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Dakota Aquifer Program--Subsurface Hydrology

Other significant hydrostratigraphic units influencing the Dakota Aquifer system


Over its extent in Kansas, the Dakota Formation is overlain by younger Upper Cretaceous bedrock units and Cenozoic unconsolidated deposits (Table 1, Figure 1). The Upper Cretaceous sequence consists of shale, chalk, and limestone belonging to the Graneros Shale, the Greenhorn Limestone, the Carlile Shale, the Niobrara Chalk, and the Pierre Shale (Hattin, 1962, 1965, 1975, 1982; Hattin and Siemers, 1987). The total thickness of this sequence generally increases to the west and north in Kansas up to more than 2,000 ft in the northwest corner of the state. These stratigraphic units form the Upper Cretaceous aquitard (Macfarlane, 1995). The Dakota is considered a confined aquifer system where it is overlain by the Upper Cretaceous aquitard (Figure 1). In most of southwest and most of south-central Kansas and much of southeastern Colorado, the Upper Cretaceous aquitard has been eroded and the Dakota is overlain by and hydraulically connected to the High Plains aquifer (Figure 1). In the river valleys of the central part of the state the Dakota aquifer is in hydraulic connection with the overlying alluvium which form the alluvial valley aquifers (Figure 1).

Figure 1

Extent of the aquifer in Kansas.

Westward dipping Jurassic and Permian rocks directly underlie the Dakota aquifer in Kansas (Hamilton, 1994). The subcrop of the Jurassic Morrison Formation beneath the Cretaceous is generally in the western part of the state, whereas the Permian subcrop is in the central part (Figure 2). In southwestern Kansas the Morrison consists mostly of sandstone and is a source of fresh water along with the Cheyenne Sandstone. Upper and lower Permian rocks consist of shale, siltstone, sandstone, and bedded salt with minor amounts of limestone and dolomite. Outside of southwestern Kansas, the Morrison, and the Permian and Pennsylvanian sequences form a thick regional aquitard. However, sandwiched within this aquitard is the Cedar Hills Sandstone aquifer which subcrops beneath the lower Dakota aquifer in central Kansas (Table 1, Figure 3). The Cedar Hills Sandstone aquifer consists of the Permian Cedar Hills Sandstone and the sandstones and shaly sandstones at the top of the underlying Salt Plain Formation.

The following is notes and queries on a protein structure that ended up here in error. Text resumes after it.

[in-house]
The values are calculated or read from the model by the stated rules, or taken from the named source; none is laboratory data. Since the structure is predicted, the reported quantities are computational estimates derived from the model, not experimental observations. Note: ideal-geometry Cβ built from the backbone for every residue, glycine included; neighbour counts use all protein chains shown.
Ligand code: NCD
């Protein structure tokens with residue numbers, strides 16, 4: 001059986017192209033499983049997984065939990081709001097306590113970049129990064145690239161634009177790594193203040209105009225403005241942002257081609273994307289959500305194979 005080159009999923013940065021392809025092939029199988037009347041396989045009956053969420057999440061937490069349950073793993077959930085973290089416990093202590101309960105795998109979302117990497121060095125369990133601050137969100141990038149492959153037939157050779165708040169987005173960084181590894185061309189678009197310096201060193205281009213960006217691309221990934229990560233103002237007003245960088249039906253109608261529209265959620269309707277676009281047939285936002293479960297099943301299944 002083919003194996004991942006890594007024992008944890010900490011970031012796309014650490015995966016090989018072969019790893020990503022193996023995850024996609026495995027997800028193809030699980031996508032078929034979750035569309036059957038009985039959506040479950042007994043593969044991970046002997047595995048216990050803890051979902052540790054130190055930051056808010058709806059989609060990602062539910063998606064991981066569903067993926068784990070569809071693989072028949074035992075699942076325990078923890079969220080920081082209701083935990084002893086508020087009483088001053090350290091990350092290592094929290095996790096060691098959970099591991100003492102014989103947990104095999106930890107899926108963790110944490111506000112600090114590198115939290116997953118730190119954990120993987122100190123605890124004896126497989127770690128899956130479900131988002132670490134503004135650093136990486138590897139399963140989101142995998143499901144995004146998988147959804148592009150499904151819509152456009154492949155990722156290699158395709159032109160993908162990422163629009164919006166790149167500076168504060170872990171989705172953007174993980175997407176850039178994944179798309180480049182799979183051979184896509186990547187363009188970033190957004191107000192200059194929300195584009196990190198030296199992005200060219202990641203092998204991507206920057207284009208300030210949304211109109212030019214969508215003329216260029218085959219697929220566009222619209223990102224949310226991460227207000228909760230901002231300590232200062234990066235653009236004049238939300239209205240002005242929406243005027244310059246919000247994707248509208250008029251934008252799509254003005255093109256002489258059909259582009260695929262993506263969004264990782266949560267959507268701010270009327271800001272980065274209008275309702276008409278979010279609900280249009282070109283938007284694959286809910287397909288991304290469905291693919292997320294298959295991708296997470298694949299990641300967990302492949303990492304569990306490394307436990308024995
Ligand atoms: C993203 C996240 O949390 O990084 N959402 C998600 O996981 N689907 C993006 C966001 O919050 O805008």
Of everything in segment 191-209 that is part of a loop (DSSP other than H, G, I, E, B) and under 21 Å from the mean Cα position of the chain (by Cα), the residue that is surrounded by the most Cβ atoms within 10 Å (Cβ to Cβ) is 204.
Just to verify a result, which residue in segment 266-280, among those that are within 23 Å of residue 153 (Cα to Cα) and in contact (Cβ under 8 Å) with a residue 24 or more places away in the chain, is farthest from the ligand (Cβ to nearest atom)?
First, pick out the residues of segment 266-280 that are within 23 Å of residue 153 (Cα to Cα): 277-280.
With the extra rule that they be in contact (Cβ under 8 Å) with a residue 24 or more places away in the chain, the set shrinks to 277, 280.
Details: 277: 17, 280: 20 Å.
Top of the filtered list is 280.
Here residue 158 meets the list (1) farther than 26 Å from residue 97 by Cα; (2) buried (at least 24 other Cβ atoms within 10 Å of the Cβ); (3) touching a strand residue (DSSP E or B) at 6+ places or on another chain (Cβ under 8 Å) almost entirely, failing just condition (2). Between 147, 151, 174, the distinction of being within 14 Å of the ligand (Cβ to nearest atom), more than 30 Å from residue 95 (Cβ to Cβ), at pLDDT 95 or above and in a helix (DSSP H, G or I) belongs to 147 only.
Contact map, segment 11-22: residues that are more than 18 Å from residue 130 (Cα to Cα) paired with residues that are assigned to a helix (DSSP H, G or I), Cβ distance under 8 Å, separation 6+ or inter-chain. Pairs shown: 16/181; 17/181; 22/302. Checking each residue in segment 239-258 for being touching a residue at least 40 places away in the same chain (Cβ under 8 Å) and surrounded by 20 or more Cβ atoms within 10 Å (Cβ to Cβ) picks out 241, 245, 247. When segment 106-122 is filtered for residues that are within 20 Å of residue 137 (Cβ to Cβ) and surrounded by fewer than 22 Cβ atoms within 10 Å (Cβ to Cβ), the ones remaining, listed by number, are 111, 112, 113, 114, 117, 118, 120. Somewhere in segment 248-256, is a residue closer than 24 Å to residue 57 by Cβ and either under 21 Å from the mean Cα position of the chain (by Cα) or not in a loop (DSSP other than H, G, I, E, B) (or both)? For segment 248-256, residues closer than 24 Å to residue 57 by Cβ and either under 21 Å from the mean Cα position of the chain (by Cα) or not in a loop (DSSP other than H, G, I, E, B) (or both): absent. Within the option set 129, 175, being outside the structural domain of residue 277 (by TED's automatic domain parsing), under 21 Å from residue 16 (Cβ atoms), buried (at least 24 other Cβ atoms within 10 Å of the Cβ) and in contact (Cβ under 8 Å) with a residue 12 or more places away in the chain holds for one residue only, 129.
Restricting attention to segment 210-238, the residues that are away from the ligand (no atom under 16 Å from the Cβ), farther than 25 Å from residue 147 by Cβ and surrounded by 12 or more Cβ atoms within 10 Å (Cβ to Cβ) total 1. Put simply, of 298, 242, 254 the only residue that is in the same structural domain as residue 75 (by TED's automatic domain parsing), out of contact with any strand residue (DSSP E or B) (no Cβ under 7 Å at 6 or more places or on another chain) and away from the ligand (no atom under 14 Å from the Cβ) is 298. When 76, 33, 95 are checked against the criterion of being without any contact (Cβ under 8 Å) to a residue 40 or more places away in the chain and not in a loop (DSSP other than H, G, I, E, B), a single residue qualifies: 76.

REFERENCES CITED

Hamilton, V.J., 1994, Sequence stratigraphy of Cretaceous Albian and Cenomanian strata in Kansas, in Shurr, G. W., Ludvigsen, G. A., and Hammond, R. H., eds., Perspectives on the Eastern Margin of the Cretaceous Western Interior Basin: Geological Society of America Special Paper 287, p. 79-96.

Hattin, D.E., 1962, Stratigraphy of the Carlile Shale (Upper Cretaceous) in Kansas: Kansas Geological Survey Bulletin 156, 155 p. [available online]

Hattin, D.E., 1965, The stratigraphy of the Graneros Shale (Upper Cretaceous) in central Kansas: Kansas Geological Survey Bulletin 178, 83 p.

Hattin, D.E., 1975, Stratigraphy and depositional environment of Greenhorn Limestone (Upper Cretaceous) of Kansas: Kansas Geological Survey Bulletin 209, 128 p. [available online]

Hattin, D.E., 1982, Stratigraphy and depositional environment of Smoky Hill Chalk Member, Niobrara Chalk (Upper Cretaceous) of the type area, western Kansas: Kansas Geological Survey, Bulletin 225, 108 p.

Hattin, D.E., and Siemers, C.T., 1987, Guidebook Upper Cretaceous stratigraphy and depositional environments of western Kansas (with modifications): Kansas Geological Survey Guidebook Series 3, 55 p. [available online]

Macfarlane, P.A., 1995, The effect of river valleys and the upper Cretaceous aquitard on regional flow in the Dakota aquifer in the central Great Plains of Kansas and southeastern Colorado: Kansas Geological Survey Bulletin 238, pp. 11-30.

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Kansas Geological Survey, Dakota Aquifer Program
Updated April 8, 1996.
Scientific comments to P. Allen Macfarlane
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